I Don’t Have A Problem With “Auntie”

Vena Moore
ZORA
Published in
5 min readSep 23, 2023

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Why I don’t feel the same way as other Black women do about the polarizing term “auntie.”

Photo by Antreina Stone on Unsplash

I’ve seen a lot of debate over the term “auntie,” over the last few years. The consensus seems to be that Black women hate the term, and it should be banished from our vocabulary. However, I’m going to offer what might be an unpopular opinion because, unlike other Black women, I don’t despise the term.

Now that I’m in my 50s, I’ve reached the point in my life where I can be referred to as “auntie.” I am an actual aunt, with one niece, three nephews, and two great-nieces. However, some younger people may wish to refer to me as an auntie as a sign of respect. In the Black community though, the term is under debate.

Some prominent older Black woman celebrities such as Oprah and Ava Duvernay detest the term and refuse to be referred to as such. However, Congresswoman Maxine Waters embraced it. Why is the term “auntie” so heated in the Black community?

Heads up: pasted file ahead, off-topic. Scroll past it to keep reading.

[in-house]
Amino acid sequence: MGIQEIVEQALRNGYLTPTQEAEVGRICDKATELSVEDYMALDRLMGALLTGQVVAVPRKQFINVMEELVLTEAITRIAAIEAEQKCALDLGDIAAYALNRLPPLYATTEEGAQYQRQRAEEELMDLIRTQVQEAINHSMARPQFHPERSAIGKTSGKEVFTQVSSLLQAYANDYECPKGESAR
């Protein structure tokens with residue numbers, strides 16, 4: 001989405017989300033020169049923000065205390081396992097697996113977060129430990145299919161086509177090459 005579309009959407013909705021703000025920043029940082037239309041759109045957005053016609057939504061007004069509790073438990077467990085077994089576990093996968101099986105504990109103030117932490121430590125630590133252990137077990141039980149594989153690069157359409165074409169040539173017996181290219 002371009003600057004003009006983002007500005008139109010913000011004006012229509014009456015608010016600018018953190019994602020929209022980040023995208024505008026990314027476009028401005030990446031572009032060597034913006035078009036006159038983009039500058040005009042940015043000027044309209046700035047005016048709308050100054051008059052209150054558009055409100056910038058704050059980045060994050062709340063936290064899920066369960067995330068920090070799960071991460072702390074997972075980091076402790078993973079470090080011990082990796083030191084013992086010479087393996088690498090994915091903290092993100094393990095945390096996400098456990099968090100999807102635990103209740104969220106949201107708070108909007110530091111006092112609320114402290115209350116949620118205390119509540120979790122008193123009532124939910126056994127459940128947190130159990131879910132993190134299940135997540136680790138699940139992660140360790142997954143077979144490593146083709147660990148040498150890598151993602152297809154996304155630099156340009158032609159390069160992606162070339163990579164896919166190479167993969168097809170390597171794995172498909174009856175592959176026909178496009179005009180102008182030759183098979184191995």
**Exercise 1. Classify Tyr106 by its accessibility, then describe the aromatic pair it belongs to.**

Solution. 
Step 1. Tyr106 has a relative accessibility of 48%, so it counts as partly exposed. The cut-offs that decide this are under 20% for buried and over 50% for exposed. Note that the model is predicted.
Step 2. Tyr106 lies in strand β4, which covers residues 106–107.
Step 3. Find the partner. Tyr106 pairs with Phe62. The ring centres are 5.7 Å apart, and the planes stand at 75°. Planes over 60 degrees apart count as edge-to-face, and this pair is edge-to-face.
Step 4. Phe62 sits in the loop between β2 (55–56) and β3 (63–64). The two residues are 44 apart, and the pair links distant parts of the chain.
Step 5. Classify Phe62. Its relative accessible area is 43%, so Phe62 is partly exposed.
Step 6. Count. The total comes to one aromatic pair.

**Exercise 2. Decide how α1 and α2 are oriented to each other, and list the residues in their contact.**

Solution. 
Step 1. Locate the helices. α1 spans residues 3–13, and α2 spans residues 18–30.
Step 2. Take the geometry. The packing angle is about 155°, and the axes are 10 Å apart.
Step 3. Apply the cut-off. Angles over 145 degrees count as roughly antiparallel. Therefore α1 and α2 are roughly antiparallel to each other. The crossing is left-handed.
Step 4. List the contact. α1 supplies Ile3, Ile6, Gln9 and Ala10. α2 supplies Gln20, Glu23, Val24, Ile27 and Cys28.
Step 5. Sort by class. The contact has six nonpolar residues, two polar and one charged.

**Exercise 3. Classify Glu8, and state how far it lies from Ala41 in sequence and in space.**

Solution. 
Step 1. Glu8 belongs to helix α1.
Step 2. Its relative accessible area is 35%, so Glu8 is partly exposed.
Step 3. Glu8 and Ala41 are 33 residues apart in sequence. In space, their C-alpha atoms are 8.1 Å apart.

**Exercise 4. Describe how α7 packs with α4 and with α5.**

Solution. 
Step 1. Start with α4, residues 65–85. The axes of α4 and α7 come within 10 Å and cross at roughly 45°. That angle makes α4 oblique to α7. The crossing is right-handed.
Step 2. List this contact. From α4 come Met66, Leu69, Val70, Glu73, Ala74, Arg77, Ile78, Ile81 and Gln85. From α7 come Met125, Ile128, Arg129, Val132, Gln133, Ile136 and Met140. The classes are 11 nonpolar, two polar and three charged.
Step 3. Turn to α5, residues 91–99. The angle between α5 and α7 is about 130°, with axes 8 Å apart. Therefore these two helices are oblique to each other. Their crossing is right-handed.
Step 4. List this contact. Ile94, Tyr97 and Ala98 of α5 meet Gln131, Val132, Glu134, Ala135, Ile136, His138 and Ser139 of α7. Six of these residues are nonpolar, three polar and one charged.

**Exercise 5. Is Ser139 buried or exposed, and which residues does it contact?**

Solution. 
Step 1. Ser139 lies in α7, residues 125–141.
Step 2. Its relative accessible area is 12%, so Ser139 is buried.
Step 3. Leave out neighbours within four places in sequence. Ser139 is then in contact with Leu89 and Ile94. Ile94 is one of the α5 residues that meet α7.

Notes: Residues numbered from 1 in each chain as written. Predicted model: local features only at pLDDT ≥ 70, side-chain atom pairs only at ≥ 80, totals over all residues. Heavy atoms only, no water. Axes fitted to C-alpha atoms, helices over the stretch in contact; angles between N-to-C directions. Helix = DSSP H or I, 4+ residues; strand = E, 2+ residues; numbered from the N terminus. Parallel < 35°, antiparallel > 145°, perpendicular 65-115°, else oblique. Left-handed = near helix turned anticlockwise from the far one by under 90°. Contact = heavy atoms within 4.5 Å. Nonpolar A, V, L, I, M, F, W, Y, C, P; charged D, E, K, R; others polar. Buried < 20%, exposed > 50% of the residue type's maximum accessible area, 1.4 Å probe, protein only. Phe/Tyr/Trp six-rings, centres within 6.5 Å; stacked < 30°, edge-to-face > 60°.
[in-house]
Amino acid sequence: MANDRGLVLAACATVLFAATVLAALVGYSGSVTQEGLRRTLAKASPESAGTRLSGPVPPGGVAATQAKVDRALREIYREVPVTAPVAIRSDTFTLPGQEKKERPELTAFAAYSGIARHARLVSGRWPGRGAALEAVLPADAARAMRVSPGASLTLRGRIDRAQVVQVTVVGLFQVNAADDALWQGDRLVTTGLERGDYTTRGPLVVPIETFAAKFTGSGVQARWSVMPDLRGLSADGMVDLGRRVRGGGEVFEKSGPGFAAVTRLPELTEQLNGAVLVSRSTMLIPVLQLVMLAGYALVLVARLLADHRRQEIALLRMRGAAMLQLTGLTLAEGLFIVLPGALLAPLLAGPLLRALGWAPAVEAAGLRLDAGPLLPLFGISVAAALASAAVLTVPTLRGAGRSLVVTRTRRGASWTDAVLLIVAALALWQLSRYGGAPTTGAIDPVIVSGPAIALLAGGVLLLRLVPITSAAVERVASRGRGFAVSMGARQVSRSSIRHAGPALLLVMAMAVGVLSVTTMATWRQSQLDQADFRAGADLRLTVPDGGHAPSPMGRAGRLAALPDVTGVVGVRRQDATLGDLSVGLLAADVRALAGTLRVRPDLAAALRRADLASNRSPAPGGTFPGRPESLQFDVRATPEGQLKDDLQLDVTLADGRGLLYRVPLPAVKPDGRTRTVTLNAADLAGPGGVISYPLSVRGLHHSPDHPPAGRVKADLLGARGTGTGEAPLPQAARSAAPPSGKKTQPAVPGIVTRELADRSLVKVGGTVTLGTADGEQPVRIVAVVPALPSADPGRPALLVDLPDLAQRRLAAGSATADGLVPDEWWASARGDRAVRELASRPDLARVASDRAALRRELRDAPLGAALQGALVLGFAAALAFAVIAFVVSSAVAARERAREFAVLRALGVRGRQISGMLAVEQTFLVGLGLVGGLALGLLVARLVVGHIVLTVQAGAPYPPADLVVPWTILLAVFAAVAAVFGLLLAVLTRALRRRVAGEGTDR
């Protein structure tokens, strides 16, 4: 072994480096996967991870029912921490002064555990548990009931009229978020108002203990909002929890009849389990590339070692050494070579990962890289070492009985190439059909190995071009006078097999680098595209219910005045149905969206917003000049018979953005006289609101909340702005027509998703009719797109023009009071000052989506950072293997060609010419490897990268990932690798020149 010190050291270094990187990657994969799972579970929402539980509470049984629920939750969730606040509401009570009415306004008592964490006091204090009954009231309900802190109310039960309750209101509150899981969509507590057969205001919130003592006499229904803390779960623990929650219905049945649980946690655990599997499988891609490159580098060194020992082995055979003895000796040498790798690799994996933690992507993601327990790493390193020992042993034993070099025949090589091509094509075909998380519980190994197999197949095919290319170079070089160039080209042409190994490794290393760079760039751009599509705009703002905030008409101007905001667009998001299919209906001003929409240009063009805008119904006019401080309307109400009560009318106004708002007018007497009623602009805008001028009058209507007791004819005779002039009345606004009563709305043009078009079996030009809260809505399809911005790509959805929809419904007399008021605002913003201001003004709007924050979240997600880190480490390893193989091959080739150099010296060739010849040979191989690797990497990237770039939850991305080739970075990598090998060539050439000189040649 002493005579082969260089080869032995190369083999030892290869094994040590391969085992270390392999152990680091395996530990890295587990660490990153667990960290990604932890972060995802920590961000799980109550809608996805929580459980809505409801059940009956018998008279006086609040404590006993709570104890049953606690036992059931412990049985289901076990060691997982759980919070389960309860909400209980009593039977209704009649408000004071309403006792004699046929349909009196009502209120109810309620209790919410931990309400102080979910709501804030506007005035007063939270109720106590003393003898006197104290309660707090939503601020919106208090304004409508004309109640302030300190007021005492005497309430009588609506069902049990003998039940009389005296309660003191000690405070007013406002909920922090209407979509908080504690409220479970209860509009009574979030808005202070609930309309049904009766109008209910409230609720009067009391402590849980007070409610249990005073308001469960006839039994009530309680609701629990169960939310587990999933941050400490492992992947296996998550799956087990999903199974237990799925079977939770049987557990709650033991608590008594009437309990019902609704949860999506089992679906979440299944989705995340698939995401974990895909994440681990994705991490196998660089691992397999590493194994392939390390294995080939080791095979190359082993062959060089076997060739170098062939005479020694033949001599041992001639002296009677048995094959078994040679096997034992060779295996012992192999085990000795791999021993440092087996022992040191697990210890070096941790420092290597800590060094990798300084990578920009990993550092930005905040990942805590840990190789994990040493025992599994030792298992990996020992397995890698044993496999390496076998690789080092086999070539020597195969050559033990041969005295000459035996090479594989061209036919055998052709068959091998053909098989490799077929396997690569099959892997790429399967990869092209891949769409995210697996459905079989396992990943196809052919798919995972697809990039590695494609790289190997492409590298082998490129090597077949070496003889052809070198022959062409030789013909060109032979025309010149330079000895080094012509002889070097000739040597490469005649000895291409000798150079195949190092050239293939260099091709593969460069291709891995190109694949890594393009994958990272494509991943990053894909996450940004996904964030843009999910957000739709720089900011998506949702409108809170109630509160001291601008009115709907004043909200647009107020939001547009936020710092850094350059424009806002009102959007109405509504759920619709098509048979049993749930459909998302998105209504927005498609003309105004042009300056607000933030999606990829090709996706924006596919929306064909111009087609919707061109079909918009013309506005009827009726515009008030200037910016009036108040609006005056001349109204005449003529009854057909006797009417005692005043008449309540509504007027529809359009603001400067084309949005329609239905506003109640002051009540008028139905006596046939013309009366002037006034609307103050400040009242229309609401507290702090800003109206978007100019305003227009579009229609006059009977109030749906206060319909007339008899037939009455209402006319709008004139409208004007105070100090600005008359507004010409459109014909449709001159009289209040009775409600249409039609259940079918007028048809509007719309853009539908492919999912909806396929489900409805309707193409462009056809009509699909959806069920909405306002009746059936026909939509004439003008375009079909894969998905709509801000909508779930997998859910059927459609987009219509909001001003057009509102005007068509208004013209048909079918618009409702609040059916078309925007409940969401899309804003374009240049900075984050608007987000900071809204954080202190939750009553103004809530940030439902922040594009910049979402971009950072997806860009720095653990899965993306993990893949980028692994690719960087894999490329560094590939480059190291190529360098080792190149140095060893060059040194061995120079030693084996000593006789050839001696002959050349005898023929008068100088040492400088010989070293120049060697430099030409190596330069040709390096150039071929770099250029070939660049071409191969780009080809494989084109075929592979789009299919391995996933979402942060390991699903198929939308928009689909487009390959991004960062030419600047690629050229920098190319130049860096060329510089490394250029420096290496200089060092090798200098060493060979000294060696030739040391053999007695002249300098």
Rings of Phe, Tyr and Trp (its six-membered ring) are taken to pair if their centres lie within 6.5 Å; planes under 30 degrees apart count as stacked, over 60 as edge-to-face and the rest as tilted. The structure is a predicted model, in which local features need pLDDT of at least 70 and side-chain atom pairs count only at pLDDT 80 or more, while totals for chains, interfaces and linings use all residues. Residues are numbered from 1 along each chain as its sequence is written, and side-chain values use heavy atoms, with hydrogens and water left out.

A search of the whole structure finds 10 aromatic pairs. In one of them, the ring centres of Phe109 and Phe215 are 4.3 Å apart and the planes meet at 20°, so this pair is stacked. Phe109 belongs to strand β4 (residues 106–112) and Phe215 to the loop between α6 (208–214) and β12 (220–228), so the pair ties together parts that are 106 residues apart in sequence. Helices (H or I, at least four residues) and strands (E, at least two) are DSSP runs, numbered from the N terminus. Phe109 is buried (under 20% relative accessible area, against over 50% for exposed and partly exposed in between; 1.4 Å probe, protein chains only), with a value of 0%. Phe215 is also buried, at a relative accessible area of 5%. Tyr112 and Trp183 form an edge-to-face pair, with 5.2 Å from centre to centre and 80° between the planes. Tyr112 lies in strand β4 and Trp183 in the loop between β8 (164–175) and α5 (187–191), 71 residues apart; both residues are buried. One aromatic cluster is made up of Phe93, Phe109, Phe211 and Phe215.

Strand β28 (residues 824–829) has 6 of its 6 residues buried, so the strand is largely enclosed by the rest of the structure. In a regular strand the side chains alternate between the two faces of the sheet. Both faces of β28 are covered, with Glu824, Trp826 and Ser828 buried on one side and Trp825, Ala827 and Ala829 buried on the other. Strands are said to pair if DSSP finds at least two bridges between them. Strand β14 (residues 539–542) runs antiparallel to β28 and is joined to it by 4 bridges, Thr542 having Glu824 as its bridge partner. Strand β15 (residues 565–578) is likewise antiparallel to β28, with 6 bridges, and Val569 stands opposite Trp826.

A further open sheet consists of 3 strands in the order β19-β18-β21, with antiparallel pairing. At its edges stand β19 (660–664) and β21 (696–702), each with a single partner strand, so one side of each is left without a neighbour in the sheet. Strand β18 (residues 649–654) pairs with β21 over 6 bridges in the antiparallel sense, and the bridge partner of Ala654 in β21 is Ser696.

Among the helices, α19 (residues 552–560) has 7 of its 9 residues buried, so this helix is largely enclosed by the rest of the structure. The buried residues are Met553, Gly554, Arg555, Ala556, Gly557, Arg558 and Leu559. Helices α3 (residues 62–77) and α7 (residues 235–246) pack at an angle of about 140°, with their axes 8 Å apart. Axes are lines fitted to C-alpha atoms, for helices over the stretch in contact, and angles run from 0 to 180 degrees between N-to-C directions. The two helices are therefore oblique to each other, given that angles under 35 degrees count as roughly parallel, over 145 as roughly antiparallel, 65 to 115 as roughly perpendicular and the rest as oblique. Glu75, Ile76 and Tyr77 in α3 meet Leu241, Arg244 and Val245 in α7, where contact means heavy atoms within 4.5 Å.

How “Auntie” Became a Derogatory Term

The term “auntie” among non-Black people of color such as Asians and Latinos as well as with continental Africans denotes a term of respect and isn’t limited to a woman who is a parent’s sister. They use the term to refer to any middle-aged or elderly woman. However, African Americans have a different history with the term, which is why it has become polarizing among us.

For instance, during slavery, enslaved Black women were not allowed to be referred to by honorific or courtesy titles such as “Miss” or “Mrs.” As such, a common title used to refer to them was “Aunt,” such as in “Aunt Jemima.”

Many older Black American women today are resistant to the term “auntie” not only for its unpleasant history but also because they feel it’s ageist and demeaning. Oppressors referred to our ancestral mothers, aunts, and grandmothers as “Aunt” or “Auntie” not because they respected them, but because they wanted to diminish them. The honorific titles of “Miss” and “Mrs.” denoted high status that oppressors did not want them to have and served to infantilize enslaved Black women.

Additionally, the Aunt Jemima caricature that was used to sell pancakes for decades was based on the “Mammy” stereotype of a…

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Vena Moore
ZORA
Writer for

Dismantling white, male supremacy one word at a time.